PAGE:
Amendment approved for TICKET Act, change suggested for BOTS Act

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The US House Energy and Commerce Innovation, Data and Commerce Subcommittee has approved an amended version of The Transparency in Charges for Key Events Ticketing Act (TICKET Act).

The bipartisan bill (HR 3950) would require live event ticketing companies to disclose the full price of a ticket at the time it is first displayed, and not at the end of check-out. The bill would also help to tackle ‘speculative ticketing’, where a fan thinks they have purchased a ticket, but has instead bought a promise to procure a ticket. 

Subcommittee chair Gus Bilirakis commented: “I am particularly excited to be voting on the TICKET Act, a bipartisan bill that I have sponsored along with my colleague and friend, Ranking Member Schakowsky. The TICKET Act will bring upfront price transparency to consumers as it relates to event tickets.

“Live events have long been plagued by annoying hidden fees at the end of the checkout transaction – I’m glad that the industry has recognised the need to change this process to bring more transparency to the market about the true price of a ticket.”

Responding to the move, the Ticket Buyer Bill of Rights Coalition said: “With an all-of-government effort underway to increase transparency around fees and the real price of goods, the bipartisan TICKET Act continues to advance and upfront, all-in pricing of live event tickets could soon become a welcome reality for the many millions of consumers who buy tickets every year.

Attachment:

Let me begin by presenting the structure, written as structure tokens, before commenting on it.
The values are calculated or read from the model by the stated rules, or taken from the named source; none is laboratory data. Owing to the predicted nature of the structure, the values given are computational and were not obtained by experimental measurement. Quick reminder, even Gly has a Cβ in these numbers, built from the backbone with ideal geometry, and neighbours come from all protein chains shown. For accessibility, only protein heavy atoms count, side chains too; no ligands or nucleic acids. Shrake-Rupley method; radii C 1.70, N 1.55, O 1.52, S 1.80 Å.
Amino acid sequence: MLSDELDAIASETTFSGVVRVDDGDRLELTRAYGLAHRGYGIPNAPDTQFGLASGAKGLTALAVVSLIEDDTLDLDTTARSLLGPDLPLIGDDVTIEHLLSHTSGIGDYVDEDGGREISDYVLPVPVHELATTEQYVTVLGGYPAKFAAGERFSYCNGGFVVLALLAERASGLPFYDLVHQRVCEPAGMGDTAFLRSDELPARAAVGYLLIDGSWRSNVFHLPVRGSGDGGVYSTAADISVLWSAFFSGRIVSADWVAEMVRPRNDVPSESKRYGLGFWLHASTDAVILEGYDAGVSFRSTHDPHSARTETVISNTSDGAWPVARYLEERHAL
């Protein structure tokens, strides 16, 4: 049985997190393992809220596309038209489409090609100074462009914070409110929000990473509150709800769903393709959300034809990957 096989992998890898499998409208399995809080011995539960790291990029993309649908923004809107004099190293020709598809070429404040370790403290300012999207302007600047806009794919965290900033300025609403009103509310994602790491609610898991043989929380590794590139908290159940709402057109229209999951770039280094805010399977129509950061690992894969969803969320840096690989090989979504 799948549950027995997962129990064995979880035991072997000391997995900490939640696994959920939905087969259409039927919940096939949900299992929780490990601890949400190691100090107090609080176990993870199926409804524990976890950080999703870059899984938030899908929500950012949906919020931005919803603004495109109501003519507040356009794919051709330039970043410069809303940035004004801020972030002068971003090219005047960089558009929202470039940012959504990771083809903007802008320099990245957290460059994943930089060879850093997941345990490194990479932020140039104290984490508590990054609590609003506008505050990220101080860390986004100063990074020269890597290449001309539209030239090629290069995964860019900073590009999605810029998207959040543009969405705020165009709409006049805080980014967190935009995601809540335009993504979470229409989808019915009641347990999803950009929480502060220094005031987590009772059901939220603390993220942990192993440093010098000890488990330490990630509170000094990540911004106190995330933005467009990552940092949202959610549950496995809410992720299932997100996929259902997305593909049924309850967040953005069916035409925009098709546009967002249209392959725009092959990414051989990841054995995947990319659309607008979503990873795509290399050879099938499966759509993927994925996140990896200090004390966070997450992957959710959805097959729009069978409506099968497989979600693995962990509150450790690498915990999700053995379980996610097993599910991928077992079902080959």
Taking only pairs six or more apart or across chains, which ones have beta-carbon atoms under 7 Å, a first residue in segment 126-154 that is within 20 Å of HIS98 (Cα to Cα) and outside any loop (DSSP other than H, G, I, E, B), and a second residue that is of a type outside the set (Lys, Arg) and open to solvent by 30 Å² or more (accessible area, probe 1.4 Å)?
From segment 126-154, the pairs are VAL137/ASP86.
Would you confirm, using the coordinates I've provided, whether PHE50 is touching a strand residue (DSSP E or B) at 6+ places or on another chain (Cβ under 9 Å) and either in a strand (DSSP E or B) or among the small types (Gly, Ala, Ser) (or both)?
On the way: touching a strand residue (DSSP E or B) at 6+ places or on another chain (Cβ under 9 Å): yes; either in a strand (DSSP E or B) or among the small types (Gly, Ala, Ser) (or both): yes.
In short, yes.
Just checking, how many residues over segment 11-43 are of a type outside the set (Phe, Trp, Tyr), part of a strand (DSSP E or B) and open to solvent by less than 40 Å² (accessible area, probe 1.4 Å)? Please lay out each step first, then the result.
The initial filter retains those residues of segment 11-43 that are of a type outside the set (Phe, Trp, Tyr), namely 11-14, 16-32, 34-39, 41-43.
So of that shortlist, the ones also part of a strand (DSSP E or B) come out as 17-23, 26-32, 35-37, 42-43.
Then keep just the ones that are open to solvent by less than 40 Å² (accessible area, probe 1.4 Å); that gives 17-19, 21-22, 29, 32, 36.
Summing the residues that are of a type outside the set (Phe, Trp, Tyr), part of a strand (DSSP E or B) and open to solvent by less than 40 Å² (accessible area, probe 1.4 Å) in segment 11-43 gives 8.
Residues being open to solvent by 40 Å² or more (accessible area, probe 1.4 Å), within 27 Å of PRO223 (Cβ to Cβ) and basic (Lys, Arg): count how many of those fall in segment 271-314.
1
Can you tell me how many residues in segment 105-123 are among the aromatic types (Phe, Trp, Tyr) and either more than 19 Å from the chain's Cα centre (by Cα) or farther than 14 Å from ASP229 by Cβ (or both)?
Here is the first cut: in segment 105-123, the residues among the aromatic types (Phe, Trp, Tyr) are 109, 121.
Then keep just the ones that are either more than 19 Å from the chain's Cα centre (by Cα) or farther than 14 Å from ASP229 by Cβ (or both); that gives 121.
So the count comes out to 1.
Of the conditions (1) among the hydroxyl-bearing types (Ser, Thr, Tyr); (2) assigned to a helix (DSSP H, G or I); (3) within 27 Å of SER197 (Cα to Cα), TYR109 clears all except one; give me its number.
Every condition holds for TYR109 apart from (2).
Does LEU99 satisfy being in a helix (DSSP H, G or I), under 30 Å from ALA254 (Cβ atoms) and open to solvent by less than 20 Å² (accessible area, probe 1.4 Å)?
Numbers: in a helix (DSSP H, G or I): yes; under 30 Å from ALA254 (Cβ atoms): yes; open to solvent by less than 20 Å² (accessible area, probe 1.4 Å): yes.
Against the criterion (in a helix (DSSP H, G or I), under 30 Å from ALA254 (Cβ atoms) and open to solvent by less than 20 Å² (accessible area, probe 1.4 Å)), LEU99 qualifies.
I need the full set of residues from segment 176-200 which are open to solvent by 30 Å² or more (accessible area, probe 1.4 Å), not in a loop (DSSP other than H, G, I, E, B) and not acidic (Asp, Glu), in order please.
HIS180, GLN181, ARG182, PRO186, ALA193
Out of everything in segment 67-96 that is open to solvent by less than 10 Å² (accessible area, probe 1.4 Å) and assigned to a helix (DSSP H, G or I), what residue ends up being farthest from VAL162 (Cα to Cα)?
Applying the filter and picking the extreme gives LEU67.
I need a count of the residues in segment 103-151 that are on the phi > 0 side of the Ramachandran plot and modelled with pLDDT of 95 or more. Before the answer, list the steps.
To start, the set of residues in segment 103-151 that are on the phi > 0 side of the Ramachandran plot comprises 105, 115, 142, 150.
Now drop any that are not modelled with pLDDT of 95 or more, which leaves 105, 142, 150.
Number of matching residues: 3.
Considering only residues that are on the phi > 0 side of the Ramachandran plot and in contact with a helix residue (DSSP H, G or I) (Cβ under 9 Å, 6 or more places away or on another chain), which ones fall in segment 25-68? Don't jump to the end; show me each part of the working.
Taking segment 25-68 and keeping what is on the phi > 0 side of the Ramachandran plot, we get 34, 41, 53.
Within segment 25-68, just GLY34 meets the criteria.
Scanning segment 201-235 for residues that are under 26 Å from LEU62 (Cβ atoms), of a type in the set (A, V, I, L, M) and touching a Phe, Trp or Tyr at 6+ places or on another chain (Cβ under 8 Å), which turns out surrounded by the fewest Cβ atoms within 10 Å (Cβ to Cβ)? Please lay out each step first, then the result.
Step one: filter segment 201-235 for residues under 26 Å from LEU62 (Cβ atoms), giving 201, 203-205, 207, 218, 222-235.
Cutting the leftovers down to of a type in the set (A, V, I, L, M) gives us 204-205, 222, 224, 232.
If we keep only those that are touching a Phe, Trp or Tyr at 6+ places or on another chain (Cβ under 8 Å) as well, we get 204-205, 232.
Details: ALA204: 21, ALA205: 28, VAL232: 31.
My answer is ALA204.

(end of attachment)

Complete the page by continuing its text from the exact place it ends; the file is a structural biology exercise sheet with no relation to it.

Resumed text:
“The TICKET Act also requires clear and conspicuous disclosure of tickets offered speculatively, where the seller doesn’t yet have possession of the tickets, which will help reduce the risk that fans end up without the tickets they expected.”

Elsewhere, US Senator Marsha Blackburn is reportedly planning on beefing up the BOTS Act to combat the growing use of Bots to attack high-demand online ticket sales for major tours. 

The BOTS Act was co-authored by Blackburn at the end of 2016 and signed into law by then-President Barack Obama. However, the law has only been enforced once in seven years according to a report from Billboard. 

Blackburn is aiming to introduce the Mitigating Automated Internet Networks (MAIN) for Event Ticketing Act, a bill the Senator co-authored with fellow Senator Ben Ray Luján. This would create new reporting requirements for online ticket sellers attacked by Bots, and introduce new security requirements for sites such as Ticketmaster. 

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